Feline Odontoclastic Resorptive Lesions (FORLs) are a condition of unknown origin where a cat’s tooth erodes.
• Teeth exhibiting FORLs gradually become brownish-red as the enamel erodes and exposes the sensitive tissue underneath
• Resorption continues from root to crown, leaving only a small bump in the cat’s gums
• Affected cats often change how they eat to avoid using a painful tooth, instead preferring soft food, or eating kibble without chewing
• FORLs are often noticed during a routine wellness exam, with a more thorough diagnosis being made under anesthesia during a dental procedure
• FORLs have no known origin or root cause, and there is no way to prevent the appearance of or progression of the lesions
• Extraction of the affected teeth is the most viable recourse, treating the symptoms and making the experience more comfortable
It is common for FORLs to go unnoticed. Sometimes a cat with FORLs changes their eating habits. They may try to swallow dry food without chewing, or tilt their head in such a way so as to avoid using an affected tooth. The cat may prefer eating wet food if the option is available.
In extreme cases where an eroding tooth causes pain, or if several teeth are affected, the cat may exhibit a reduced appetite.
FORLs are very common in cats, and become more so as a cat grows older. The condition is not an emergency, although an affected tooth is usually extremely painful when touched. Dental surgery is required to remove any affected teeth.
FORLs are idiopathic, meaning they have no known origin or root cause. Some theories suggest that vitamin D deficiency, or progression of periodontal disease is responsible, however there is currently no consensus among the veterinary community.
Early FORLs look like a tiny pink spot in the dental enamel. A tooth that is affected by FORLs gradually grows darker, with a reddish or brown color resembling dried blood expanding across the surface of the tooth, typically starting at the root of the tooth.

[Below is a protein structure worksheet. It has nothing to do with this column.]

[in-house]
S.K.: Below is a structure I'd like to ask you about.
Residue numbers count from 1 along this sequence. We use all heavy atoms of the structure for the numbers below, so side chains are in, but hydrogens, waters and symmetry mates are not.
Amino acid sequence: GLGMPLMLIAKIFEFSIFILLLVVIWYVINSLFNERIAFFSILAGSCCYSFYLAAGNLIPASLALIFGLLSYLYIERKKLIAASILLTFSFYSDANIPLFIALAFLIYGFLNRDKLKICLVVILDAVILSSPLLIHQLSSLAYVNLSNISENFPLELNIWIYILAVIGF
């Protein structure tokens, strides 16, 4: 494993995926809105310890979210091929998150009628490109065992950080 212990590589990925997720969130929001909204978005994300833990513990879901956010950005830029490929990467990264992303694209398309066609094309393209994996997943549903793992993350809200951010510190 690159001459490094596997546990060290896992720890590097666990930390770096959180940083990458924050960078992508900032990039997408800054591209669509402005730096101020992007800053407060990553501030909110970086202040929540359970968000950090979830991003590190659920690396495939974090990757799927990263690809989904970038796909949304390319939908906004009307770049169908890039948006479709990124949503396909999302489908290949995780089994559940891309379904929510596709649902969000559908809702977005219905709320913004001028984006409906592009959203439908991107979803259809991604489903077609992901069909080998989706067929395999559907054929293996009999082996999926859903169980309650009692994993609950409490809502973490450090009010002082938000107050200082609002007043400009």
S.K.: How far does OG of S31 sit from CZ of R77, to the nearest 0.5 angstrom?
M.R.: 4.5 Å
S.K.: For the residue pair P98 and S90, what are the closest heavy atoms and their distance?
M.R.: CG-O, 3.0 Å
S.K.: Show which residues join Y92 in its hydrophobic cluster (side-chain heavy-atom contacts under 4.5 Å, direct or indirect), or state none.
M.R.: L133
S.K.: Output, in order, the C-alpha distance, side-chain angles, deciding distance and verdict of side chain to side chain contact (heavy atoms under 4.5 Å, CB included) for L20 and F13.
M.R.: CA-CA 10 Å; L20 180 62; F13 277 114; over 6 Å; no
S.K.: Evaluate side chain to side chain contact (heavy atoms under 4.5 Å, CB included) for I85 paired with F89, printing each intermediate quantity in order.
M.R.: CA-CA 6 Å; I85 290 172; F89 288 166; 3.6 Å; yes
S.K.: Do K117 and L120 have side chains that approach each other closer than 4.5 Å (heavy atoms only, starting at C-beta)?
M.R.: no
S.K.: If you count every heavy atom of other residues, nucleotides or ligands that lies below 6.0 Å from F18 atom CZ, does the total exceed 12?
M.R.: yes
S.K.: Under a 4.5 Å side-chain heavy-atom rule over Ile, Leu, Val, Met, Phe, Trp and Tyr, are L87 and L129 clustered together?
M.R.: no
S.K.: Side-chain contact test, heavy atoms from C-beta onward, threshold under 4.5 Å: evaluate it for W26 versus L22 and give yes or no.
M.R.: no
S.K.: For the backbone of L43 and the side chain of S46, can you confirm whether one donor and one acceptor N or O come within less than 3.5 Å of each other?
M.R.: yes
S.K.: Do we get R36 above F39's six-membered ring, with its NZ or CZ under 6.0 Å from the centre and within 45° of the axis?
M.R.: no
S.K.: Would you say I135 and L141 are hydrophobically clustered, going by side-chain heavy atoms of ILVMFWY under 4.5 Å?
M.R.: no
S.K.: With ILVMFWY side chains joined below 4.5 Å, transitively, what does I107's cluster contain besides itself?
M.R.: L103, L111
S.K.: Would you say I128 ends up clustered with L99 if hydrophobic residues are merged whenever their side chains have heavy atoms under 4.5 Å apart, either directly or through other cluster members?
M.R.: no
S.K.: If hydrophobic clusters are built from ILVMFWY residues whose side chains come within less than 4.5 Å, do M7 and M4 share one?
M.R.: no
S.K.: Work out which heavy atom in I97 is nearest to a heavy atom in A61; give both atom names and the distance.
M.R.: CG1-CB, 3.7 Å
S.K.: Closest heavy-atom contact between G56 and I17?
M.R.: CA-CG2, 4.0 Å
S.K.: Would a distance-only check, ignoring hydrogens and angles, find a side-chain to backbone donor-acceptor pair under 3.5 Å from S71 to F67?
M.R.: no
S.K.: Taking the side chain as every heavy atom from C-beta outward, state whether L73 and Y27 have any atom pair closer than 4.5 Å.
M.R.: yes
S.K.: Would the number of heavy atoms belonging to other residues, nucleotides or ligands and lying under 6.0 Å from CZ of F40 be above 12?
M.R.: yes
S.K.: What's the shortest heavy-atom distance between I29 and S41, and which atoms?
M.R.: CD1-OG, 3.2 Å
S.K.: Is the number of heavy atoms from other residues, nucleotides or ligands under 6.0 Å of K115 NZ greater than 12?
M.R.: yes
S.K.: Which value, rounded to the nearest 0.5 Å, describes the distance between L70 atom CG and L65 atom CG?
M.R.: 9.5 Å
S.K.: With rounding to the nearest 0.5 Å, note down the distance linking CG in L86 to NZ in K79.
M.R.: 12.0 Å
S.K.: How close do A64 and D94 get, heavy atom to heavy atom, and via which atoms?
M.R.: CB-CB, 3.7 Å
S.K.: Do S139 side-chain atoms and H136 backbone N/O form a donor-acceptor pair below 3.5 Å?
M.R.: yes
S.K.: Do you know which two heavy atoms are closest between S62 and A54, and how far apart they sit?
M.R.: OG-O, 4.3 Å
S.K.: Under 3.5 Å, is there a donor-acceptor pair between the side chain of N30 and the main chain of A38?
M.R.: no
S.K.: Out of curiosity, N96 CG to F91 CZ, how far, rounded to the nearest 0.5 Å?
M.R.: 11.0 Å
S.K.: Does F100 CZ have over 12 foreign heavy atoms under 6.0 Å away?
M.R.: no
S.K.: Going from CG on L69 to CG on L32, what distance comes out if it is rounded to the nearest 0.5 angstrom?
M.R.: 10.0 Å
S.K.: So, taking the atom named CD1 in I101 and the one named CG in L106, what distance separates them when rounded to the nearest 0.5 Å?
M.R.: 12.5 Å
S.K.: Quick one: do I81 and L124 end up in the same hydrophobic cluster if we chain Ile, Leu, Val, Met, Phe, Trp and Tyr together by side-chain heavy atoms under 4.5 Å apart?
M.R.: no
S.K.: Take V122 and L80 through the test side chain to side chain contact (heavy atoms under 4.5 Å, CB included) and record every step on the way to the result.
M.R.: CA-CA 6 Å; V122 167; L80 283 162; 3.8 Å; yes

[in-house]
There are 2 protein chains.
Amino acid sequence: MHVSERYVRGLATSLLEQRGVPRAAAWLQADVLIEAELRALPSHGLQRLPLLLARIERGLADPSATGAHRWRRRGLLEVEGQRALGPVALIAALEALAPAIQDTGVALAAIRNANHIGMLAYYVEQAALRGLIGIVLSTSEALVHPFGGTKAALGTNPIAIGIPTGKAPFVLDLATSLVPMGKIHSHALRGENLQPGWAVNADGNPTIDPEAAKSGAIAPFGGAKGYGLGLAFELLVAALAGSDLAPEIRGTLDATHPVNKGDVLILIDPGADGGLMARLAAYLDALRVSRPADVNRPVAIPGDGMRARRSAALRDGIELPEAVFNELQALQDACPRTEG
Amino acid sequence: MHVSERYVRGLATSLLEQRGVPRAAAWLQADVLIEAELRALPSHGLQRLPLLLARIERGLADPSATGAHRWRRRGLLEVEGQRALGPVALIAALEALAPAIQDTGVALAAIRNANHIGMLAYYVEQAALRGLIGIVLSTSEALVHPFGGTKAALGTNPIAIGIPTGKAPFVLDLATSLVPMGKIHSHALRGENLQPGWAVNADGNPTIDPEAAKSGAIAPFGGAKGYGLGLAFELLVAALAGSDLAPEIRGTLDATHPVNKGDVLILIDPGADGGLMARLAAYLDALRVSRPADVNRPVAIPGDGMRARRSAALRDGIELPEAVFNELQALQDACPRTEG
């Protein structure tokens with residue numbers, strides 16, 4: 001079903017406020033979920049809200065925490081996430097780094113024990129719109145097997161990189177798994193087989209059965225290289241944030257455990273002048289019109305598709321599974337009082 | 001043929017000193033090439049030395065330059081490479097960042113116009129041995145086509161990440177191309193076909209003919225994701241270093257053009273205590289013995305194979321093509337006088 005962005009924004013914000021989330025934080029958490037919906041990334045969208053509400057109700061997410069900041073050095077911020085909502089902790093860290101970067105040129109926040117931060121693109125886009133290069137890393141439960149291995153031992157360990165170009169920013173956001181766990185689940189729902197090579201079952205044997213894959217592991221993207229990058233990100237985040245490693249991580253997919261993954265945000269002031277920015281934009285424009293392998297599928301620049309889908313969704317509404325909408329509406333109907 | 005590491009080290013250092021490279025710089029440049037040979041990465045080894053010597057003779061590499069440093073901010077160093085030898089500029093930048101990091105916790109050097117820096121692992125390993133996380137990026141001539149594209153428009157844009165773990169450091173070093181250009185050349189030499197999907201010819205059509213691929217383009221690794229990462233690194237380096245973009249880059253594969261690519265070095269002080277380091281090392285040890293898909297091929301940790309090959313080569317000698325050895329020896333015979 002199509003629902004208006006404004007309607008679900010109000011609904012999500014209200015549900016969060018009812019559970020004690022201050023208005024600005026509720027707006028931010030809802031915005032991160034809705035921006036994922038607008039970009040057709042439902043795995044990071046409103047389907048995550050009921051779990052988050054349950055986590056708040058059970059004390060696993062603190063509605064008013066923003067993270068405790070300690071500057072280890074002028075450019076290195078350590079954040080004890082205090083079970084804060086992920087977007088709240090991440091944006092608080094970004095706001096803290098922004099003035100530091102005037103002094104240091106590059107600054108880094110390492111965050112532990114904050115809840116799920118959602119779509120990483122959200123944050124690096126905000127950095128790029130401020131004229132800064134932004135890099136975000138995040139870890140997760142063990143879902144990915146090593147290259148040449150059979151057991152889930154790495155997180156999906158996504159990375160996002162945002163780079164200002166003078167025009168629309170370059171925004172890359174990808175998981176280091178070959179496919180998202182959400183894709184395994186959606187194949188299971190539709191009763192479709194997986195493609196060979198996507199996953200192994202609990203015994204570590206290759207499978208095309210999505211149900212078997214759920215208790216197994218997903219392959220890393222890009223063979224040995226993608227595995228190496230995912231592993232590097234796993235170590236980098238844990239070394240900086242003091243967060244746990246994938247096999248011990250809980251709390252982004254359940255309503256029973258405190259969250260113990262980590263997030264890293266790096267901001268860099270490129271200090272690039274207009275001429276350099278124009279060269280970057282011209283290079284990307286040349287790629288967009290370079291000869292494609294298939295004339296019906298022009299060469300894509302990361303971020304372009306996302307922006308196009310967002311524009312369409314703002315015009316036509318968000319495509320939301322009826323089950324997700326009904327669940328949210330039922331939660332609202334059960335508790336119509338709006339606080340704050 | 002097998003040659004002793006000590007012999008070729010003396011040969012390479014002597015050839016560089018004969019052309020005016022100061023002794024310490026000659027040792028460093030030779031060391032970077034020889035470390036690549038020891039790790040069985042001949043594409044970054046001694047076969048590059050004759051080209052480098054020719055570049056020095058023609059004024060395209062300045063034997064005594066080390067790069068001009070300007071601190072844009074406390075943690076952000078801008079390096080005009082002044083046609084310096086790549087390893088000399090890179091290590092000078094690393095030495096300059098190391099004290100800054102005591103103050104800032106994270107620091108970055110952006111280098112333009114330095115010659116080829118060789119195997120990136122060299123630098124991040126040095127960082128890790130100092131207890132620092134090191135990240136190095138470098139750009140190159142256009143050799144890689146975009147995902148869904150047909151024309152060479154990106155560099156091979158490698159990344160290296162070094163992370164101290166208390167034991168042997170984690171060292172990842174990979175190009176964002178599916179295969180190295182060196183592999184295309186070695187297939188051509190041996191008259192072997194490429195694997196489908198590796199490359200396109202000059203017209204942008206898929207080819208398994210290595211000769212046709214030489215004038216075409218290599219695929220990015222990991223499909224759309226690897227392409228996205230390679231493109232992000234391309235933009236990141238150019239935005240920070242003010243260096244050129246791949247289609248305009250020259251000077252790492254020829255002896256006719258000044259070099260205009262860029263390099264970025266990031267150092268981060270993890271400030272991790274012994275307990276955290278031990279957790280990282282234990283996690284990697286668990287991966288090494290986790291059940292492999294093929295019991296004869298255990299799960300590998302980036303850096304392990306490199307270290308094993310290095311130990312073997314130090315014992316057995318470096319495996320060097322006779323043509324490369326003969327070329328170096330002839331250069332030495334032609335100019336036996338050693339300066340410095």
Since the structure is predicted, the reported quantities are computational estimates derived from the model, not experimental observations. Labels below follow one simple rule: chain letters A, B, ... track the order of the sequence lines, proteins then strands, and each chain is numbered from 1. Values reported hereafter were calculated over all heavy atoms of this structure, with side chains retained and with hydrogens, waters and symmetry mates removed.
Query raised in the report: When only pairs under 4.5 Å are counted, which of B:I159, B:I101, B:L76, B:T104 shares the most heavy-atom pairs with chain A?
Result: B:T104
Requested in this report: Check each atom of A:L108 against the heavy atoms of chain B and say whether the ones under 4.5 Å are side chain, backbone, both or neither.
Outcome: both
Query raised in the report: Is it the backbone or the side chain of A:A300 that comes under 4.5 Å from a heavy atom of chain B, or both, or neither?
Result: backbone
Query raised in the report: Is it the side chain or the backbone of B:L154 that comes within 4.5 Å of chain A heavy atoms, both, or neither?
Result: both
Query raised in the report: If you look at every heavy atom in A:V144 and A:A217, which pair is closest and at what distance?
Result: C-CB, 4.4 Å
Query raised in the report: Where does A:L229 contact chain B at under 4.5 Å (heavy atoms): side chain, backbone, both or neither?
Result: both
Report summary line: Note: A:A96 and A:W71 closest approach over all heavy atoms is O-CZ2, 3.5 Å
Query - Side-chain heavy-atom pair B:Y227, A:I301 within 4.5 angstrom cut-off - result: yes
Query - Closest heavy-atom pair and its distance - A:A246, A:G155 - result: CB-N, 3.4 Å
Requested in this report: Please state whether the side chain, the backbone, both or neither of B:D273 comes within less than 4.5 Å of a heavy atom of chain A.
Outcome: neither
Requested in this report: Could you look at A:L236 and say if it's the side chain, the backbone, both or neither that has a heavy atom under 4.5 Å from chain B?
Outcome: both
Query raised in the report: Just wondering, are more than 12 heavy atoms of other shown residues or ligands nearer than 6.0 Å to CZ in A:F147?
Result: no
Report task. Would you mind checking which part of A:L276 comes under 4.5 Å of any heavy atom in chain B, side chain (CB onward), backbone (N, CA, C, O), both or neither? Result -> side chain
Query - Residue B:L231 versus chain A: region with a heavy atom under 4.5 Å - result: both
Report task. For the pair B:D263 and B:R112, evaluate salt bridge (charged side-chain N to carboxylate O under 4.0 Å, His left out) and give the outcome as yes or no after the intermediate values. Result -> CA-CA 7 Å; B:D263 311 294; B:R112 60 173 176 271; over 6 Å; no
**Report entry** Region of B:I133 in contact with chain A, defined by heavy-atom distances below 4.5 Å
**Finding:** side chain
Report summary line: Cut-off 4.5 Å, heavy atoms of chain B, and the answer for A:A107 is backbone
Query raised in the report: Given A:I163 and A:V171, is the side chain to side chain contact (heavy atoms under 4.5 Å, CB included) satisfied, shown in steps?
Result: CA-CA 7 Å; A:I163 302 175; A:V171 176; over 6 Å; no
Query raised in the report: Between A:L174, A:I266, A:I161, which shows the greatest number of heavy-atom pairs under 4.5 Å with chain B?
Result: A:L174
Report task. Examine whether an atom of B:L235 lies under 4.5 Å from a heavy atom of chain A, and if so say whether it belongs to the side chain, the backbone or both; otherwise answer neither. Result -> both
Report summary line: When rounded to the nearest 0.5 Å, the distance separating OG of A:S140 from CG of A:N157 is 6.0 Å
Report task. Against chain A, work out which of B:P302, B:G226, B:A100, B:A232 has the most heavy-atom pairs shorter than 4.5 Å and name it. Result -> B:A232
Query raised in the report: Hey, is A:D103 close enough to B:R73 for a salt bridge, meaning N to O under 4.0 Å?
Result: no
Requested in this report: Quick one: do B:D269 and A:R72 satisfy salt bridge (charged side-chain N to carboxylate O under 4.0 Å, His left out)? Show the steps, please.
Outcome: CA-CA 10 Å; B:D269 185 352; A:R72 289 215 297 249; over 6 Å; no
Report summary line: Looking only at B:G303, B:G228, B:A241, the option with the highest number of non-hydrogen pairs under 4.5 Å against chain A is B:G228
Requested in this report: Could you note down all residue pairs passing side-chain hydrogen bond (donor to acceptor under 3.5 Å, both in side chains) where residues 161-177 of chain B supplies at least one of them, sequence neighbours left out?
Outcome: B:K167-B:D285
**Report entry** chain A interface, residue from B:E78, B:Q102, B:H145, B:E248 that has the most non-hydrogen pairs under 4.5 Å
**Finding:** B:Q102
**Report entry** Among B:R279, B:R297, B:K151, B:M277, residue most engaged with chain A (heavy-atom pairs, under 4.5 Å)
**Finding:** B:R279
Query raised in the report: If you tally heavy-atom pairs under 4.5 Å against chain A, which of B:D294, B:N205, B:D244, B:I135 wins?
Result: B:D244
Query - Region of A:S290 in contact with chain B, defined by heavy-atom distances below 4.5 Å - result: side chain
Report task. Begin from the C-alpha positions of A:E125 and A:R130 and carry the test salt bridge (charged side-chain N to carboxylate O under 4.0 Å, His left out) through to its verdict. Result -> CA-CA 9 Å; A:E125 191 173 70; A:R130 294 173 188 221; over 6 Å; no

Over time the tooth appears to wear away, sometimes accompanied by inflammation of the gums. In the final stages, the tooth is completely resorbed, leaving only a bump beneath the gums in place of where the tooth was originally.
A physical examination is often sufficient to diagnose FORLs, however initial symptoms often appear below the gum line. Dental x-rays are required to determine how many teeth are affected.
As there is no known treatment preventing or reducing FORLs, veterinary assistance relies on removing the affected teeth to reduce pain and discomfort. If FORLs have progressed to a point where a tooth is completely resorbed but no other teeth are affected, no treatment is necessary. When one FORL is noticed, dental x-rays often reveal multiple affected teeth. Recurrence of FORLs is common.
FORLs are not known to be contagious, and there are no known ways to prevent the condition.
FORLs are very common in cats. Incidence rate estimates range from 20%-75% of cats being affected, with the percentage increasing with the cat’s age.
• Extraction of the affected teeth
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